The Most Delirious Trip to Calcutta

While I was coming to Calcutta, on the flight, I was thinking about the heat. The damp, sticky heat, which stays trapped between the skin and clothes, tangled in the hair, determined not to leave. One may think that, well, it is August, it is normal. But it's not like that. It is not a tropical heat either.

To get to the city, I take a taxi in the airport taxi booth. As soon as I get into the taxi, the first thing I see is that, of course, there is no air conditioning. The windows are always open. As the taxi driver drives to the city, stumbling and zigzagging, I try to distract myself and enjoy the scenery. But the car is going too fast, and with the stops and jumps of the road bumps, I am afraid that the camera will fly out the window.

Finally, the car stops. There is a traffic jam. Now I can take the photos I want, because I do not know how long you will be standing there. Occasionally the driver starts the car. A tune seems to come from speakers installed at the traffic light. It is a sweet and repetitive music.

I do not understand the words but a mystical and reassuring feeling comes to me. Suddenly, the taxi driver, a pot bellied man with a mustache wearing a gray uniform with patches, begins to play the mystical song from the radio. Curious, I ask him what he plays. He answers something that sounds like rabindrasangeet.

Kumartuli images

After keeping my backpack in a cheap lodge, I decided to change course and went north. After a tea with biscuits (which are half salty, medium spicy, and combine beautifully with the sweetness of the tea), we got on a bus among the crowd, to the north. We stop at Bagbazar in Shyambazar.

We walked across an alley full of temples embedded in the basement of the buildings, the train tracks, and we reached the ferry dock. North Calcutta is fascinating. It is the old part of the city, and the original nucleus. It has the most beautiful buildings, and it is a convenient area for any housewife, since there are small shops and markets everywhere.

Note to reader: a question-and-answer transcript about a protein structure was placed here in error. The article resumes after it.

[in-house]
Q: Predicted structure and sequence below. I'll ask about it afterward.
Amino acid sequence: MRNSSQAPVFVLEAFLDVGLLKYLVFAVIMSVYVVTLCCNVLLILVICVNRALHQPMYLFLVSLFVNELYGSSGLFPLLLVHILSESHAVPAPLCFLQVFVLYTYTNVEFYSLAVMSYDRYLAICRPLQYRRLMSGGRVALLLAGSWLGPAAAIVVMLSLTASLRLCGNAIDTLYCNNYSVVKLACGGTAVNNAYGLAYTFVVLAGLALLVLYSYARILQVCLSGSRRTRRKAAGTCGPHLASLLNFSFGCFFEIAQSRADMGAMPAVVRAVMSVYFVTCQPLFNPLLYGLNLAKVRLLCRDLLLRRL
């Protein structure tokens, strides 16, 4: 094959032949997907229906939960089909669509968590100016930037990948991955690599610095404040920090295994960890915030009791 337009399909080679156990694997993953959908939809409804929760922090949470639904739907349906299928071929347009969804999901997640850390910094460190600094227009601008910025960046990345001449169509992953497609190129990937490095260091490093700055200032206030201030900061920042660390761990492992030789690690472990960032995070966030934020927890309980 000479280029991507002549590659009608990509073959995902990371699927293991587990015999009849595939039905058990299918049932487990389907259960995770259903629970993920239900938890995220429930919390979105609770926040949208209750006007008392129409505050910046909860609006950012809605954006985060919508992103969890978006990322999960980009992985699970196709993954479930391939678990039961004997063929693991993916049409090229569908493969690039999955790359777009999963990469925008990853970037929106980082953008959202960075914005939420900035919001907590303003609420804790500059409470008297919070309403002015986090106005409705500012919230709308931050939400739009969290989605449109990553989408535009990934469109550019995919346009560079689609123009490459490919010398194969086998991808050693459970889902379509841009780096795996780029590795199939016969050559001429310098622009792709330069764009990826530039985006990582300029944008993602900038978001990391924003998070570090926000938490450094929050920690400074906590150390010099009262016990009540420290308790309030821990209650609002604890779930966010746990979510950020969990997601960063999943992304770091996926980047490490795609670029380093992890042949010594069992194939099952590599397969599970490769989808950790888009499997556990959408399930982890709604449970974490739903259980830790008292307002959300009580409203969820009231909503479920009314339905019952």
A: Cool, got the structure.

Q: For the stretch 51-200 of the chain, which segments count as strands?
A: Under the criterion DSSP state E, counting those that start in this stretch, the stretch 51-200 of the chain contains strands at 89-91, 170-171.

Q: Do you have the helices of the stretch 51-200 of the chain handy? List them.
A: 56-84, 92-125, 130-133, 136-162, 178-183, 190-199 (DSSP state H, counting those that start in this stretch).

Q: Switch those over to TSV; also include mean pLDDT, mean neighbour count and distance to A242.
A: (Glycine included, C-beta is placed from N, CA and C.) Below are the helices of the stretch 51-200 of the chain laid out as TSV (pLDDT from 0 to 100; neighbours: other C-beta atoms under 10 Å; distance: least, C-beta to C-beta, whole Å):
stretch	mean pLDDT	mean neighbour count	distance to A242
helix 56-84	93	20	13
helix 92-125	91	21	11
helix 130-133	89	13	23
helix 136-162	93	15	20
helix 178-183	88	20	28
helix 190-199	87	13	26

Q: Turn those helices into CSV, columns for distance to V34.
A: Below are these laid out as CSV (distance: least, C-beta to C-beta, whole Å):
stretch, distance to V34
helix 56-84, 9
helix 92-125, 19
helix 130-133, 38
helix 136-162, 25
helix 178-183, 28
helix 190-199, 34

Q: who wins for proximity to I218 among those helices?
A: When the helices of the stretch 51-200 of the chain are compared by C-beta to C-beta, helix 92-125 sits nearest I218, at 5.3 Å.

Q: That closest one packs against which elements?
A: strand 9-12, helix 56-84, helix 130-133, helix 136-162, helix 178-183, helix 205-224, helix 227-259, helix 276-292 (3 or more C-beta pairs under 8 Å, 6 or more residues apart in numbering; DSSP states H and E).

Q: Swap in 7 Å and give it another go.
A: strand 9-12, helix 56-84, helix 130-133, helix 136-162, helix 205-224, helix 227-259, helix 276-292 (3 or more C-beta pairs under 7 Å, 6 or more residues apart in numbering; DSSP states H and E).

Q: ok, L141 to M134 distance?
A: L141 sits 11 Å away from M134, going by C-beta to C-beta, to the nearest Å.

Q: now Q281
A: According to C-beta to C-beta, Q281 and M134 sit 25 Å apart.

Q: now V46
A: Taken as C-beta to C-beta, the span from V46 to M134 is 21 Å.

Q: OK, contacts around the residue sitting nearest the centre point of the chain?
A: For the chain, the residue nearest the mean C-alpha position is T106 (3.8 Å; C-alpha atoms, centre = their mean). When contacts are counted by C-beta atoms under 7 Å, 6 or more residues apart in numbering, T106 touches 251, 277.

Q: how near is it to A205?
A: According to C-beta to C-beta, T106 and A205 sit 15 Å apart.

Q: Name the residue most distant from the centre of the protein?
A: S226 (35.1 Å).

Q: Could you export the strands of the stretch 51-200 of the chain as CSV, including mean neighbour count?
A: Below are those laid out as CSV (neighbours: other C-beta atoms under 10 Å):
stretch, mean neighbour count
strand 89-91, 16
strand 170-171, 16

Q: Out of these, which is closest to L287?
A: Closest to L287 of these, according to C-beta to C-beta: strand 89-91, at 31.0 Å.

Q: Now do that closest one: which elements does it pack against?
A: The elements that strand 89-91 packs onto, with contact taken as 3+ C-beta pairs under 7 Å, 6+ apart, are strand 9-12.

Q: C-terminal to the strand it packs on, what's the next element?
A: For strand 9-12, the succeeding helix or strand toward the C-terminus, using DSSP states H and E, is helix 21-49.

Although first we were following the main streets, and the avenues, at the first hint of traffic jam, we escaped to a goli, one of those streets that in northern Calcutta acquires its purest essence. The houses, so close together, have a colonial touch, and like all the city, they are in ruins. But they are so narrow that I cannot see the buildings well, because there is no place to have perspective on the details of the facades.

On the walls of houses, there are usually advertisements for films or posters with political slogans. In a very narrow goli, I found a house with temple in which outside there was a fresco of Vivekananda. There are the flowers on sale in the street near the temple.

A woman performed rituals and offerings with incense, sounding a huge seashell. The smell of the incense, the noise of the conch shell, and the sound of a bell that the devotees made sound to call the attention of the god to their prayers, filled the street.

Something that does not appear in the photos and that is impossible to explain is the aroma of the city. In the north there are plenty of street food stalls (ok, all over the city, but in the north, there are three times), with their delicious and unhealthy snacks. The smell of singara filled my lungs and attracted my stomach. Sometimes there was a smell of cooking with vinegar, or a pungent smell.

I do not know exactly, which made me feel as if I had bitten a chilli pepper. I walk down the street and discover the street food stalls. There is the phuchka, with its spicy water whose smell spreads. The stalls of sweet tropical fruits ooze their sugar to the heat that arouses them. The spicy cookies that despite being tucked in glass jars, soften in the sun. There are the sweets bathed in syrup of roses. You can taste everything just by breathing.

Leaving the goli, we got into a main street. Although it was afternoon, the traffic was still very congested. Between cars, taxis and buses, the roads were full of trucks carrying goods. But not everything is transported in trucks. They are also transported in bicycle-carts.


Soon we reach Kumartuli. It is a place that appears in the Kolkata travel guide as a picturesque and mysterious place that no tourist should stop visiting. Normally I do not trust the guides, and when they say that a particular place really cool, the reality is usually very different. Although it is also true that if there are many tourists who visit a place, guided by the same travel guide, the charm is transformed into a kind of fair or open-air museum.